Why I Marched (or, How to Choose Curiosity Over Fear)
Even if I knew the answers, giving my opinion about politics or the state of affairs in general would be a waste of time. No one wants to listen.
You know what all of this unrest reminds me of? You know that scene in Titanic, after the ship goes down (spoiler alert), and Rose just pops up out of the water, and starts screaming for Jack, but the camera pans out, and hundreds of people are in the water screaming at once? It's one of the best scenes in the movie, and it's terrifying.
Things feel like that right now. We're all in a unbearably cold sea, there's no light, we're isolated in a crowd, our boat just sank, we're all treading water in overly elaborate evening gowns, we're probably going to freeze to death if we don't drown first, and there isn't a life boat to be found.
No matter what side of the political aisle you're on, that's what it feels like, eh?
When we were little, my cousins and I used to play this mysterious game of "War" that I don't remember the rules to...if there were any, and don't remember any objective...if there was one. I think it was just something to do during the adult's cocktail hour* at our family's lake house.
*My therapist is rich.
I do remember it was supposed to be boys against girls, and I could never be trusted to ever stick to one side. This is the actual theme of my life.
This is why I went to the Women's March in Boston a couple weeks ago.
Stay with me...we're going to find out together whether any of this makes sense at the end.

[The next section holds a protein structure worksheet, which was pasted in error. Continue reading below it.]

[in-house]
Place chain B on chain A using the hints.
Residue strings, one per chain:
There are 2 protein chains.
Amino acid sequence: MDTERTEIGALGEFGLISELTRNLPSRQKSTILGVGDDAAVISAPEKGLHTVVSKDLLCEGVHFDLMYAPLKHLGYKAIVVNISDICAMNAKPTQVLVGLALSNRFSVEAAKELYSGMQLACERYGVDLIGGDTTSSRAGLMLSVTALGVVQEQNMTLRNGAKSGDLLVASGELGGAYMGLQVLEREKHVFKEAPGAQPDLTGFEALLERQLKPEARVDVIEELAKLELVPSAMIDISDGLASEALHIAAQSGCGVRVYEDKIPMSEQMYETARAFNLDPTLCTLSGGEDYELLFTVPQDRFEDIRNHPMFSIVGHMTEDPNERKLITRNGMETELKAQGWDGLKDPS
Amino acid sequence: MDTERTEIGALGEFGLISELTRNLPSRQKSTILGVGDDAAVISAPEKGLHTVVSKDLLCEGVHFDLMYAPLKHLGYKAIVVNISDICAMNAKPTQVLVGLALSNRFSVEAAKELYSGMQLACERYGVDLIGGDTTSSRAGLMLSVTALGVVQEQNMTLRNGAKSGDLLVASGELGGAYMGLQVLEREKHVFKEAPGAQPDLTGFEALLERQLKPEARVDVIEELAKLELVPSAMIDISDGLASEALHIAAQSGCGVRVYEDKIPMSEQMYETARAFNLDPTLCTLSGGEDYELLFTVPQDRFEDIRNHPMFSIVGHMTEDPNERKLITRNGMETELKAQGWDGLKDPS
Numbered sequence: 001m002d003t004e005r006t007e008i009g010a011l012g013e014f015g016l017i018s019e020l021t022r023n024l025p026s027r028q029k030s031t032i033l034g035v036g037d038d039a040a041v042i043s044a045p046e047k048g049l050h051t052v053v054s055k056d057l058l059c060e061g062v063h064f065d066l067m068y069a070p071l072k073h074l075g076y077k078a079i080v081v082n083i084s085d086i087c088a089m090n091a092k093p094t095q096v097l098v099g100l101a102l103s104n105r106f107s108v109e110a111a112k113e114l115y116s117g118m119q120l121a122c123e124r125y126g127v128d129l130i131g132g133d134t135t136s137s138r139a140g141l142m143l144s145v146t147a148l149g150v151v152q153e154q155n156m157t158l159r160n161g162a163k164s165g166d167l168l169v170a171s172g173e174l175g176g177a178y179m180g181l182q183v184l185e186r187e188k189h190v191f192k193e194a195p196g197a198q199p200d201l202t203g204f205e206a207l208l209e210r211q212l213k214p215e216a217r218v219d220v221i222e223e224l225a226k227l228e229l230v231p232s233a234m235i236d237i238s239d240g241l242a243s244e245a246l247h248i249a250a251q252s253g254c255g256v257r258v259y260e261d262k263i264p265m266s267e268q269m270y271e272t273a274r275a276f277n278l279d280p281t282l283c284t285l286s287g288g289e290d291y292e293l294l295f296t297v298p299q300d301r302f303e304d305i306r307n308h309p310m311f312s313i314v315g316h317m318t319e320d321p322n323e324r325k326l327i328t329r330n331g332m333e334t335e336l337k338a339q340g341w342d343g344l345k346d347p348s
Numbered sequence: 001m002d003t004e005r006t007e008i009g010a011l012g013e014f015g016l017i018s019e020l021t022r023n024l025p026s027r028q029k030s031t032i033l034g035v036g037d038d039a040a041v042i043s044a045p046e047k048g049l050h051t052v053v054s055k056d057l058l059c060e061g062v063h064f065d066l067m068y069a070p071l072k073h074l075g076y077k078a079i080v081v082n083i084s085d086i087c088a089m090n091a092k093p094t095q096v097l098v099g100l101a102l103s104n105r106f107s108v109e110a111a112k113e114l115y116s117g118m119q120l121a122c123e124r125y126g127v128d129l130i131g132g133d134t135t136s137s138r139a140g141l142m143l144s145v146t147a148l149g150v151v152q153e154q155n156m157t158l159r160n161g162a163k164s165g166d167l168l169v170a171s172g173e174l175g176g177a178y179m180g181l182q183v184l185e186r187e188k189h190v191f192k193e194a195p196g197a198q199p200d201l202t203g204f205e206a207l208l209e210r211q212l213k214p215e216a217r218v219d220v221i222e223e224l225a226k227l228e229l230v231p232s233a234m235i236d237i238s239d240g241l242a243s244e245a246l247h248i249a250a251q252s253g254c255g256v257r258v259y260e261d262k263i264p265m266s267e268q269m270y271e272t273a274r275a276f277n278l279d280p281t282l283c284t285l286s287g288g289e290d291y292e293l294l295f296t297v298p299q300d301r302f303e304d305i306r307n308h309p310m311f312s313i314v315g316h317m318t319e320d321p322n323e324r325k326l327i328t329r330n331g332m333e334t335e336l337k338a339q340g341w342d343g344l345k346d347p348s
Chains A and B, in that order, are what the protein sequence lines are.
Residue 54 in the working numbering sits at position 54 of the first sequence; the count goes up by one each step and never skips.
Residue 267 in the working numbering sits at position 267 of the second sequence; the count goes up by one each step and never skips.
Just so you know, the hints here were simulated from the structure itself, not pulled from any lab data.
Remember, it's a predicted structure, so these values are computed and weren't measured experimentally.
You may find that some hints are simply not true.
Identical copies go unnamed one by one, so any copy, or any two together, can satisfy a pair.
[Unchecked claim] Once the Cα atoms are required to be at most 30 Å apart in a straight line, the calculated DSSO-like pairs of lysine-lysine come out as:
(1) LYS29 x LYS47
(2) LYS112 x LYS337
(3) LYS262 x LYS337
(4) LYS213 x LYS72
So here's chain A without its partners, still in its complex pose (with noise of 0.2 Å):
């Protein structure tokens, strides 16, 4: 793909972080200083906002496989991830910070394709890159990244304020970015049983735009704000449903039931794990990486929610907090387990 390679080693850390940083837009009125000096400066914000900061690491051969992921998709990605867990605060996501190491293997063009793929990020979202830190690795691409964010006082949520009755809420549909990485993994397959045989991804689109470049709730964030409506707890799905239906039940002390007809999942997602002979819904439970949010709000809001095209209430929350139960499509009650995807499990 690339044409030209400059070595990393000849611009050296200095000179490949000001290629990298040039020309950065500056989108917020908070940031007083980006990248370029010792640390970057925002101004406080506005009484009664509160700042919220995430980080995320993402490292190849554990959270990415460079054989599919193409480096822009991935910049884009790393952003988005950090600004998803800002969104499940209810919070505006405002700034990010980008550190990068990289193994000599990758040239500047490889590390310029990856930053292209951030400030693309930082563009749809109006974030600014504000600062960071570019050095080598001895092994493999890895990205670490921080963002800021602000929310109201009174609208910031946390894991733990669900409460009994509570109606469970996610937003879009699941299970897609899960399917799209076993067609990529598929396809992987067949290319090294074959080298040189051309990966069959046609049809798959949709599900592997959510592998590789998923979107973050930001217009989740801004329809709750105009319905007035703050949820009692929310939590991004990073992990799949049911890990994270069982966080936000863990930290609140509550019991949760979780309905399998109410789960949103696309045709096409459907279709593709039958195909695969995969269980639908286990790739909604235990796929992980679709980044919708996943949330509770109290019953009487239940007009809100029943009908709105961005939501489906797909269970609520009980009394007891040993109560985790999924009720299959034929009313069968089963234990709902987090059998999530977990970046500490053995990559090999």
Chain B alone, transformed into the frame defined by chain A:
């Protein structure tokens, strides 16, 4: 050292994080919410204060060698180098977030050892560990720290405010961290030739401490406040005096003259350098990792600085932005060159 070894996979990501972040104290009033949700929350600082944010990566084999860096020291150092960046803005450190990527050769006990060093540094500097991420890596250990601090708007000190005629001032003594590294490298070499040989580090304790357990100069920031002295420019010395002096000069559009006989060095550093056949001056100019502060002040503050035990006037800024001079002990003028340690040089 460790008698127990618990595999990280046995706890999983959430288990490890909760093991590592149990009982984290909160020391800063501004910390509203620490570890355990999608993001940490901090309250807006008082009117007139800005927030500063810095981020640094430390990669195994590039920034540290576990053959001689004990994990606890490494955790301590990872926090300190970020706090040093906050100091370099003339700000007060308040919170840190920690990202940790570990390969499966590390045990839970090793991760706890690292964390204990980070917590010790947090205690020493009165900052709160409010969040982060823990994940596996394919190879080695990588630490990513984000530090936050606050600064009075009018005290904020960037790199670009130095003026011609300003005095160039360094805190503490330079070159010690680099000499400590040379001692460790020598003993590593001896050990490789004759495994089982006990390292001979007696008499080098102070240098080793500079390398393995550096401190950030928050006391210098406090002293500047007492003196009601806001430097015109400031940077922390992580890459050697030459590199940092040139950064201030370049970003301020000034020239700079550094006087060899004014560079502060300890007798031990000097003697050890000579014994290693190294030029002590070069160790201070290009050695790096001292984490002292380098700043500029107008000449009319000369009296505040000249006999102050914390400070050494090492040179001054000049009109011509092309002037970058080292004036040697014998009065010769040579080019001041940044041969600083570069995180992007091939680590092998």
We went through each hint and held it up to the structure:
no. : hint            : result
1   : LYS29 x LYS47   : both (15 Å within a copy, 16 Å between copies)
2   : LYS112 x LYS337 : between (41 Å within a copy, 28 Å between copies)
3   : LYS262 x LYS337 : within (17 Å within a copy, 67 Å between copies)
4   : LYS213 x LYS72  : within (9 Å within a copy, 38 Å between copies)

I've been trying to take myself on day-trip adventures on the weekend because anxiety makes my apartment a prison. I doesn't really matter what I do as long as I am intentional about trying to look up and stay mindful. The cure for the debilitating side of anxiety, for me, is that intention. So when my friend Kate said she was thinking of going to one of the Women's Marches, and asked if I wanted to go, I blinked, wanted to say no....but had to say yes. My anxiety doesn't like crowds and new things we can't predict, which is exactly why I had to go.
Fear is a great isolator.
I tried to not spend the few days before worrying about the crowds and about the politics, or dwelling on whether I had a platform in which to march upon. I'm just not overly passionate about anything that doesn't affect me directly. I guess I've just never felt oppressed enough to be mad. That's a terrible reason to not be involved.
We left that day bright and early. I over-packed snacks and a change of clothes just in case. Anxiety is weird. Don't look for reason in my sandwiches and Chex Mix.
We met with Kate's amazing aunt and uncle, took the T into the city (the ominous screeching of the train's breaks and the slow shuffling feet through the smelly underground notwithstanding). When we got to the green, we walked with the crowd toward what sounded like cheering. It was warm and the sun was out. The sun! In January! It felt amazing. It felt like a deep cleansing breath. It felt like waking up after a good nap. It felt like hope and promise. It was all the metaphors ever, and it was what we needed.
I found myself sort of looking around taking in the sites, trying to feel inspired. I'm mostly dead inside, so it was almost a mute point. I did find myself canvasing the scene for danger, and looking for all possible exits. Sandwiches and hyper diligence are my anxiety's love language.
We weren't sure how many people were at the march, but considering we couldn't hear the speakers, we assumed a lot. There were people in trees trying to get a better view of the happenings. Seeing the people in the trees, a wave of FOMO washed over the dry shores of the desert of my heart: I want to be into something so much that it makes me want to climb a tree.
There were people there with signs for every cause in the book. Anyone who felt a little lost, displaced, unheard, oppressed, shamed, and straight up pissed was there.